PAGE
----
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7 Essential Tips For Traveling With IBS

7 Essential Tips For Traveling With IBS

See the sights without getting stuck in the bathroom.

For the 12 percent of American adults with irritable bowel syndrome (IBS), travel can be nerve-wracking. What’s safe to eat? Is it okay to pack your medication? What if you can’t find a bathroom? Whether you’re heading to the beach, a national park or another country, be sure your travel plans include smart strategies for managing your IBS symptoms.

These tips will help ease your mind when you’re venturing out on a trip or vacation and far from home:

Plan ahead, be prepared
Before your trip, talk to your healthcare provider about the IBS issues you’re likely to experience and how to manage them in unfamiliar surroundings. “For those who suffer from urgency or diarrhea, it might be reasonable to take an anti-diarrheal medication (as prescribed by and discussed with your doctor) prior to leaving as a preventative measure,” says Andrea Shin, MD, a spokesperson for the American Gastroenterological Association and Assistant Professor of Medicine at Indiana University School of Medicine in Indianapolis. Make sure you pack your medications in a place where they are easily accessible while you’re traveling, Dr. Shin advises.

Take steps to reduce anxiety
While vacationing, it’s important to participate in activities you think you would enjoy and avoid stressful environments that you know would be upsetting to you. Worsening anxiety and discomfort can trigger IBS symptoms, Shin says. She recommends identifying potentially worrisome situations or new activities in advance and setting aside time for self-care and doing what makes you happy when you’re traveling away from home, such as riding a bike, listening to music or going shopping. Making plans that your excited or happy about could help ease your stress and avoid anxiety-related flare-ups.  

Get active
As part of your vacation, you may want to participate in a variety of activities, such as swimming, boating, biking or hiking—and you should. “There are no specific physical activities that need to be avoided in patients with IBS," Shin says. "In fact, regular exercise can be beneficial in reducing IBS symptoms.” As a general rule, she recommends 20 to 60 minutes of moderate to vigorous activity three to five days per week. So, when you’re on vacation, keep it up and continue to be physically active.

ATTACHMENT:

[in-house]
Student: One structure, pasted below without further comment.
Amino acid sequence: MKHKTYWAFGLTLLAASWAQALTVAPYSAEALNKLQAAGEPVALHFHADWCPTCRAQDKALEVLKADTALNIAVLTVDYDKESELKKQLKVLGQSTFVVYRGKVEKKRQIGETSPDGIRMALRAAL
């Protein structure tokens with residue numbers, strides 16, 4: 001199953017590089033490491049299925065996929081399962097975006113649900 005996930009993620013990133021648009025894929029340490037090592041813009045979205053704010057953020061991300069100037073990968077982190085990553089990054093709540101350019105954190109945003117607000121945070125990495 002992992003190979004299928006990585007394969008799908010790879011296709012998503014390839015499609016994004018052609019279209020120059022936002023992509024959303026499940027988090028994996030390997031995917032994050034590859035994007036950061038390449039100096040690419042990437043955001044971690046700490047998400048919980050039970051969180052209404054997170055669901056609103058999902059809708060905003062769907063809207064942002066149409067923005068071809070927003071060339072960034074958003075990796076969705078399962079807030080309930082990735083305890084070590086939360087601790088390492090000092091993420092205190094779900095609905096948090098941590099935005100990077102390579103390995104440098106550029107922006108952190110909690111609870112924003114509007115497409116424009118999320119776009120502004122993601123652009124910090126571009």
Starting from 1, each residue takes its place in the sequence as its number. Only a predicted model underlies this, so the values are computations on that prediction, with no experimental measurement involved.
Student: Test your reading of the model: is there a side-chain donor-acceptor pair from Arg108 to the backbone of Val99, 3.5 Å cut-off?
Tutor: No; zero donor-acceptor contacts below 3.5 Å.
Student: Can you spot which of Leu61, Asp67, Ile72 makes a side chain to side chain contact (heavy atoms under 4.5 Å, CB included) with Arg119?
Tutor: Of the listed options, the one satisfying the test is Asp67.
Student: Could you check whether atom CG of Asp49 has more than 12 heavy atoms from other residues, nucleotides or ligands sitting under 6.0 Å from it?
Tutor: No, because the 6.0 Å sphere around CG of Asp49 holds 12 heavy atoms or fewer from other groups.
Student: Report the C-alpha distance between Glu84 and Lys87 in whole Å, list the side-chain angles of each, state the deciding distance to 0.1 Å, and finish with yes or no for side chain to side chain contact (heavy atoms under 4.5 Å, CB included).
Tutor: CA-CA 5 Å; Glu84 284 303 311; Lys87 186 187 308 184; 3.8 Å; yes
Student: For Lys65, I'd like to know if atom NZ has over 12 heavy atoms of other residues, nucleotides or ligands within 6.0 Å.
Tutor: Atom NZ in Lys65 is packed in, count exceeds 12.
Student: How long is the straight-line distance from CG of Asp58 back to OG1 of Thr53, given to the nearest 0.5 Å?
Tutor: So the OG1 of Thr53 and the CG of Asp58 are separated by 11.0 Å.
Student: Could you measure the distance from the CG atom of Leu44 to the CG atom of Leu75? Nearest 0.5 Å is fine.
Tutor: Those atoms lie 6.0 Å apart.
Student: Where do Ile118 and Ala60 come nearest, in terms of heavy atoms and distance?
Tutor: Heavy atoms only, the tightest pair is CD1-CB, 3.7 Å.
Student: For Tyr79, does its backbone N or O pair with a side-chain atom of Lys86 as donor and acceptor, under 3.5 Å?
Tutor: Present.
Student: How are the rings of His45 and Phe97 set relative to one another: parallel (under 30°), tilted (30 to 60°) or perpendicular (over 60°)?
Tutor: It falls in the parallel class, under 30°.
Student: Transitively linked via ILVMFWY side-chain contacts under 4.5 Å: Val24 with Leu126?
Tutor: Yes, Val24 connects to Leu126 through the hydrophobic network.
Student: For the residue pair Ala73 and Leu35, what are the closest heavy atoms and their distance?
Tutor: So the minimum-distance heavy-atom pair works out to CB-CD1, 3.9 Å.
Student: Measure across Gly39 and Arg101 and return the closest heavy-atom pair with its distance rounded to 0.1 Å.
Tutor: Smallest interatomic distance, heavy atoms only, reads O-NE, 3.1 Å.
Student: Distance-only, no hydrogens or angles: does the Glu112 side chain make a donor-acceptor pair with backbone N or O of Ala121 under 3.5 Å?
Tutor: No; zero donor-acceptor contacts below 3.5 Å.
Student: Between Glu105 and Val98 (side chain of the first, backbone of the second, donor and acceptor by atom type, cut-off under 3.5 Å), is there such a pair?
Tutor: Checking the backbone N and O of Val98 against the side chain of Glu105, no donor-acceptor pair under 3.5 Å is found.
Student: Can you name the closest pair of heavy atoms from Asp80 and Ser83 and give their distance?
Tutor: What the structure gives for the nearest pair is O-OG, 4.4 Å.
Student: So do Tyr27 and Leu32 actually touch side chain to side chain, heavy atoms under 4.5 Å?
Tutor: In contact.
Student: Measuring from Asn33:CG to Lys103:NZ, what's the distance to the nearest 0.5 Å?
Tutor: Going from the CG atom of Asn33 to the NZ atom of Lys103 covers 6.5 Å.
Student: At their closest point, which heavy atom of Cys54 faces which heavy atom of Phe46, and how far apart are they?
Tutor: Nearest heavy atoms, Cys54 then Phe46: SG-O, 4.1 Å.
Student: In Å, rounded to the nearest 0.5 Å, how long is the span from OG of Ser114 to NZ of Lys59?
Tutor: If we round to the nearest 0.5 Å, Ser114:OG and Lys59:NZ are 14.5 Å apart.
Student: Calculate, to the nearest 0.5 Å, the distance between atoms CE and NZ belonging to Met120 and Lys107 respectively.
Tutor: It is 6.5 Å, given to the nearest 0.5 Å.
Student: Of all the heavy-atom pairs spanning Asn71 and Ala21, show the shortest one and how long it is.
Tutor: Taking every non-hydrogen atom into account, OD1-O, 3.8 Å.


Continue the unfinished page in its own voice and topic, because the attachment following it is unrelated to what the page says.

Take your medication as scheduled
Even when you’re traveling between time zones, continue to take your medication according to your regular schedule as if you were at home, Shin says. “For example, if you typically take a medication before breakfast, you continue to do so at your new breakfast ‘time,” Shin explains. If you have other medications that are marked “as needed," pay close attention to the prescribed dosing frequencies, she adds.

Line up bathroom breaks
When away from home, you may be out of your routine but it’s important to schedule bathroom stops throughout your day. First, set time aside to use the restroom before you venture out in the morning. Then, be sure to take designated breaks during the day. Identifying and mapping out public bathrooms along your designated route will help you know what your options are if you need to make a pitstop. Knowing where the closest restrooms are located may also help ease any anxiety you may have about managing your IBS symptoms in an unfamiliar environment.

Get adequate sleep
For those with IBS, vacation can be one of those times that you can sneak in some extra ZZZs—or miss out on sleep due to long days or having to adapt to a new time zone. Sleep disturbances can contribute to an increase in IBS symptoms, Shin cautions. She recommends trying to maintain your usual pattern of sleep, including the times you sleep and how much you get. Tap into whatever helps your body and brain wind down—such as meditation or reading—so that you can stay on schedule.

Choose your foods wisely
It may be fun to be a little adventurous when you’re on vacation, but if you have IBS, it may not be the time to take risks with your diet, according to Shin. “Food triggers can vary for different individuals who suffer from IBS," she says. Just as you might plan for certain activities or pinpoint bathroom locations, it’s a good idea to look at menus ahead of time—either on online or in person. You may also want to limit your intake of caffeine and high-fat foods, which could help control your symptoms. For people with gas, bloating and pain, sticking with a diet that is low in fermentable carbohydrates (FODMAPS) may help. Keep in mind however, this diet can be quite restrictive, so you should consult your doctor before adopting this eating plan, Shin advises.

If you have IBS, you don’t need to pass up vacation opportunities. With some advance planning, you can ease your worries and manage your symptoms when traveling away from home.

This article was medically reviewed and updated in September 2019.

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